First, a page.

Chosroes (reigned 531-579) was more tolerant towards his Christian, Arab and Jewish subjects. He allowed them the freedom to exercise their religion, permitted them to build churches and synagogues, to conduct public services and funerals. Chosroes' fierce persecution of the Mazdakites was aimed at their crimes, more so than their beliefs. They did extract the poll-tax from non-Zoroastrians. Males under twenty or over fifty years of age, and all females were exempt from paying the poll-tax. This practice was continued by the Moslems.
                          The two world powers of Rome and Persia took every opportunity to extend their influence. At the far southern tip of the Arabian Peninsula is the ancient kingdom of Yemen. From AD 517 to 525, Yemen was ruled by a Jewish king, named Dhu Nu. The Abyssinians of Axum, located in East Africa across sea from Yemen, had accepted Christianity. With encouragement from Rome, they attacked Yemen. Dhu Nu died during these wars. (J in A land pg.) The Persians saw in the African conquest of Yemen an encroachment of Christianity. Due to other wars and concerns, it was forty years before they answered to repeated request from Yemen for aid in throwing off the foreign rule.
                          568 A.D./C.E. Once free of the African Christians, the Yemenites found that the Persians were none to eager to leave their country. Arabia was predominately pagan, but there was also a sizeable Jewish and Christian representation in the region. There was much work to be done here for the devotees of Ahura-Mazda. The idol-worshippers must be shown the error of their ways. The Kaaba, located in Mecca, was the center of Arabian Idolatry. Within a few years, the Arab tribal leaders declared the Kaaba dedicated to Allah, or “the God”, and the idols were identified as his “helpers.”
                          Muhammad's father, Abdullah died just before he was born, probably during these wars. Abdul Muttalib, his grandfather, cared of the orphan. When he was still a boy tragedy struck again, his grandfather die. His uncle, Abu Talib, a merchant, then became his protector. Due to his teachings, Muhammad was declared insane by his family. When his uncle died, his enemies sought to kill him. He fled to Medina, which was predominantly Jewish at the time. After two failed attempts to capture the vital Meccan caravan, his beodins deserted him. He, therefore, turned no the Jewish, declared them traitors, murdered some say 600 while other say 900 Jewish men, and distributed their widows among his “faithful.” That is how Muhammad came to have two Jewish wives.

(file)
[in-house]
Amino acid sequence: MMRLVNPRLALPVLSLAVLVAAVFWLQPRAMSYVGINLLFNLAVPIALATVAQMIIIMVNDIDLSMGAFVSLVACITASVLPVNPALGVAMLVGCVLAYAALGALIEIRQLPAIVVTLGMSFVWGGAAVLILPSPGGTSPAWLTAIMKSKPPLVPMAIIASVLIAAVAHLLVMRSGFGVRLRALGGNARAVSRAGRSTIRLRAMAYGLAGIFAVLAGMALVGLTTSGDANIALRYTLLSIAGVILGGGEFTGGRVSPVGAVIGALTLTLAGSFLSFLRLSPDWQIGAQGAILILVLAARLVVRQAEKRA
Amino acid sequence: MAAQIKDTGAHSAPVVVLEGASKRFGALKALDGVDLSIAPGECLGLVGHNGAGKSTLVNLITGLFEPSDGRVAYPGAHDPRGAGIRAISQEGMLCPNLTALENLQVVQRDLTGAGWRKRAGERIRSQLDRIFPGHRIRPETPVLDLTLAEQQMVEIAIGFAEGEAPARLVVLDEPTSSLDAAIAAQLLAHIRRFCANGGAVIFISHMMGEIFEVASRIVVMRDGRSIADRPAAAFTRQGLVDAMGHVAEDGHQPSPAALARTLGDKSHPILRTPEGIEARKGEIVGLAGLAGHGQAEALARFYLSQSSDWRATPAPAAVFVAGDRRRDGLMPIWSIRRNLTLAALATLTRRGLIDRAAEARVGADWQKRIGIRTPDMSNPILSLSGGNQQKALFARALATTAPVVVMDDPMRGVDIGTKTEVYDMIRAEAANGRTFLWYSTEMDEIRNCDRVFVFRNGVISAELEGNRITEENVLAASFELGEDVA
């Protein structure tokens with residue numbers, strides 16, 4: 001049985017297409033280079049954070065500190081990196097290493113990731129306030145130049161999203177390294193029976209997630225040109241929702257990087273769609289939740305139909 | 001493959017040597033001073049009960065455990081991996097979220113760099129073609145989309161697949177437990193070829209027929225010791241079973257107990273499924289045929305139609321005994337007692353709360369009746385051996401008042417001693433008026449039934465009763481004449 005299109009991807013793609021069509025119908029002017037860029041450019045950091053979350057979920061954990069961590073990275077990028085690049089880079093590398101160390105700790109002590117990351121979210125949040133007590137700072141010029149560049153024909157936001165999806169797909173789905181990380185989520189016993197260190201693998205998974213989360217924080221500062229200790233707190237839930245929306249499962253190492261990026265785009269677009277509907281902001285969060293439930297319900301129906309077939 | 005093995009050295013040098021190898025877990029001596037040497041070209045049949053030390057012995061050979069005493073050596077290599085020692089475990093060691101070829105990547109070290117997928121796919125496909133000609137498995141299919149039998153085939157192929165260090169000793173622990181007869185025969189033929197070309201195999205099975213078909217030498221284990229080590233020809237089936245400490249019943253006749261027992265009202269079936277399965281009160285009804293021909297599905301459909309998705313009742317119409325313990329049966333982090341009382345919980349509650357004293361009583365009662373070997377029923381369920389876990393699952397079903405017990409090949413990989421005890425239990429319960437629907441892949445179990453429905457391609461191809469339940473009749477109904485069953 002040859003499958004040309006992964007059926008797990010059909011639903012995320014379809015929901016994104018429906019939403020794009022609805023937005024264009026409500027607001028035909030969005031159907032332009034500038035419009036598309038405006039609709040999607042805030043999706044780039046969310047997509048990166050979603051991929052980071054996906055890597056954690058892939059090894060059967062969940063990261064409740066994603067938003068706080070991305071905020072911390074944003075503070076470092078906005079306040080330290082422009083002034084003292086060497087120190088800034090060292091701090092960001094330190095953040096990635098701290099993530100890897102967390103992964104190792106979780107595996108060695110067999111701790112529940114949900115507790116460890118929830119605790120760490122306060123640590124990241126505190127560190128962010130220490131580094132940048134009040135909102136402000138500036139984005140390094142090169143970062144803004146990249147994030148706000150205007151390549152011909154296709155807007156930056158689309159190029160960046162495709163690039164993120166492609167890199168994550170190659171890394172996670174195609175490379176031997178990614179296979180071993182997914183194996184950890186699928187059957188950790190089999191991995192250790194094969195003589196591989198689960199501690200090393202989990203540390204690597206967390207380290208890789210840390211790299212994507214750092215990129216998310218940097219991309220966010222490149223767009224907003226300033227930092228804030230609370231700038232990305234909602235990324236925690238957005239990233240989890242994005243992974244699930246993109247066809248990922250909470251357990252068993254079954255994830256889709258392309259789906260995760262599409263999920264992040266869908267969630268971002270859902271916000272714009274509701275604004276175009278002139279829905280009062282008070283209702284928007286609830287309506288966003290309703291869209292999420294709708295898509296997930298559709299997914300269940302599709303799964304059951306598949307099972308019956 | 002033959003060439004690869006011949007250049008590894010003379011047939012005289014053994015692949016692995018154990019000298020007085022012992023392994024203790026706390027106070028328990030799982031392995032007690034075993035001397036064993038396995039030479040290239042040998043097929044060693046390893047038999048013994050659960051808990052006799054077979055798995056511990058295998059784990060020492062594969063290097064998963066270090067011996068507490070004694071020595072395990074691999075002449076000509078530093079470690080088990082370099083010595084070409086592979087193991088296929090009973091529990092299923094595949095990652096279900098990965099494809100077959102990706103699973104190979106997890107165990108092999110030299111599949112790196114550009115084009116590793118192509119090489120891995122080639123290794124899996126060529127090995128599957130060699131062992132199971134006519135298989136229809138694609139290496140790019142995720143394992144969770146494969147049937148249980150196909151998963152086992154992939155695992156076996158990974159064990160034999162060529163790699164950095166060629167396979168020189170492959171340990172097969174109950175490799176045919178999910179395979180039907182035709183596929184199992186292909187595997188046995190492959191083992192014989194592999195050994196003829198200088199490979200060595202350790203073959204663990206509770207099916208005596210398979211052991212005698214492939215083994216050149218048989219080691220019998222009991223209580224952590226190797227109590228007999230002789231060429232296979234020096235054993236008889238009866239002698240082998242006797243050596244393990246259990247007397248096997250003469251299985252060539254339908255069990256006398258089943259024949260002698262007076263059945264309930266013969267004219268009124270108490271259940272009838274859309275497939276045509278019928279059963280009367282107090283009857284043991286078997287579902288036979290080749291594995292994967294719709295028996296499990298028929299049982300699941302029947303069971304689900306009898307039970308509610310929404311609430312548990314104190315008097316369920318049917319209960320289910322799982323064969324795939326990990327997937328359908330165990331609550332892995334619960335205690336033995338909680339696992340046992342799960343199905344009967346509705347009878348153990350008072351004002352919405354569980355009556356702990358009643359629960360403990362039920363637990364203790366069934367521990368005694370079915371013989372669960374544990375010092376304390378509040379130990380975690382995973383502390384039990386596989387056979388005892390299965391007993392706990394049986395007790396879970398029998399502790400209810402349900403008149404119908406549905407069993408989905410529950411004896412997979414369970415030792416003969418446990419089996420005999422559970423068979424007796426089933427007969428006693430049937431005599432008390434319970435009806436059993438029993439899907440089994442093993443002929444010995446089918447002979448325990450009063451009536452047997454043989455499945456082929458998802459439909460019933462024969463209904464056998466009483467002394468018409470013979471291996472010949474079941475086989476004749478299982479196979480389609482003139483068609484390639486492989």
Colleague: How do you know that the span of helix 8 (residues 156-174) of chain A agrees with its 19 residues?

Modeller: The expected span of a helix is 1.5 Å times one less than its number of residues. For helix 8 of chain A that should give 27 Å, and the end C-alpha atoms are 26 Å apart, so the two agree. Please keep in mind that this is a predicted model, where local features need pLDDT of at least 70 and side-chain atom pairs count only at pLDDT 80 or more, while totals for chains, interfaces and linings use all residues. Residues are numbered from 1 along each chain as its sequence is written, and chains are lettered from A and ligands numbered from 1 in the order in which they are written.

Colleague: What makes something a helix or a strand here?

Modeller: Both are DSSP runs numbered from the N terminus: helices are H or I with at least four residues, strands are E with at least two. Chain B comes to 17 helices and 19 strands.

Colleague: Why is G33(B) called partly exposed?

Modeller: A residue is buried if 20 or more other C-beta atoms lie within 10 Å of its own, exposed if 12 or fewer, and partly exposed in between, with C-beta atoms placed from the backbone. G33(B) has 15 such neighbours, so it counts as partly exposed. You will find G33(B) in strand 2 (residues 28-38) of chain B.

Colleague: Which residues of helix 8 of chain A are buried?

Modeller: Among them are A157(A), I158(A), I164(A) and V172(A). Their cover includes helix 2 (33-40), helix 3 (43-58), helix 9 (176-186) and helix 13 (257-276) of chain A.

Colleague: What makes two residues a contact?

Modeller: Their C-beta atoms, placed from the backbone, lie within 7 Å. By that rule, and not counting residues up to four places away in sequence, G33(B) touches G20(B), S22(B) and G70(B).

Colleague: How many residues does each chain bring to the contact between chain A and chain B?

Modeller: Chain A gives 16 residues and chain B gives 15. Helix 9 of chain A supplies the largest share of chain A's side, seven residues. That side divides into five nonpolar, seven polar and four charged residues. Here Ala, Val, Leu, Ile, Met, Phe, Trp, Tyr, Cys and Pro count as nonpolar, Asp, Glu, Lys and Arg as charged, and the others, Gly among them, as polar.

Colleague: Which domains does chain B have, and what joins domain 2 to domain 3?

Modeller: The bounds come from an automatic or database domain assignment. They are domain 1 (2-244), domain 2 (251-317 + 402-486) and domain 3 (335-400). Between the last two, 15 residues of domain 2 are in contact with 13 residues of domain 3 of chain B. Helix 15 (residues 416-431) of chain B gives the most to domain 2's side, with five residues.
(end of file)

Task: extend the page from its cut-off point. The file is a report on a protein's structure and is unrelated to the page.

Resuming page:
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                          • #15
                            Muhammeds relationship to Jews was quite complex. While the Jewish widows were in a sense "trophy wives", some have suggested that the marriages took place for political reasons as well.. Along the same lines, the slaughter of members of one Jewish tribe may have been more political than religious. Reza Aslan ("No god but God") suggests that the Quran (5:5-7) encourages marriage with Jews (People of the Book).
                            Last edited by josh w.; 17 May 2006, 08:15 PM.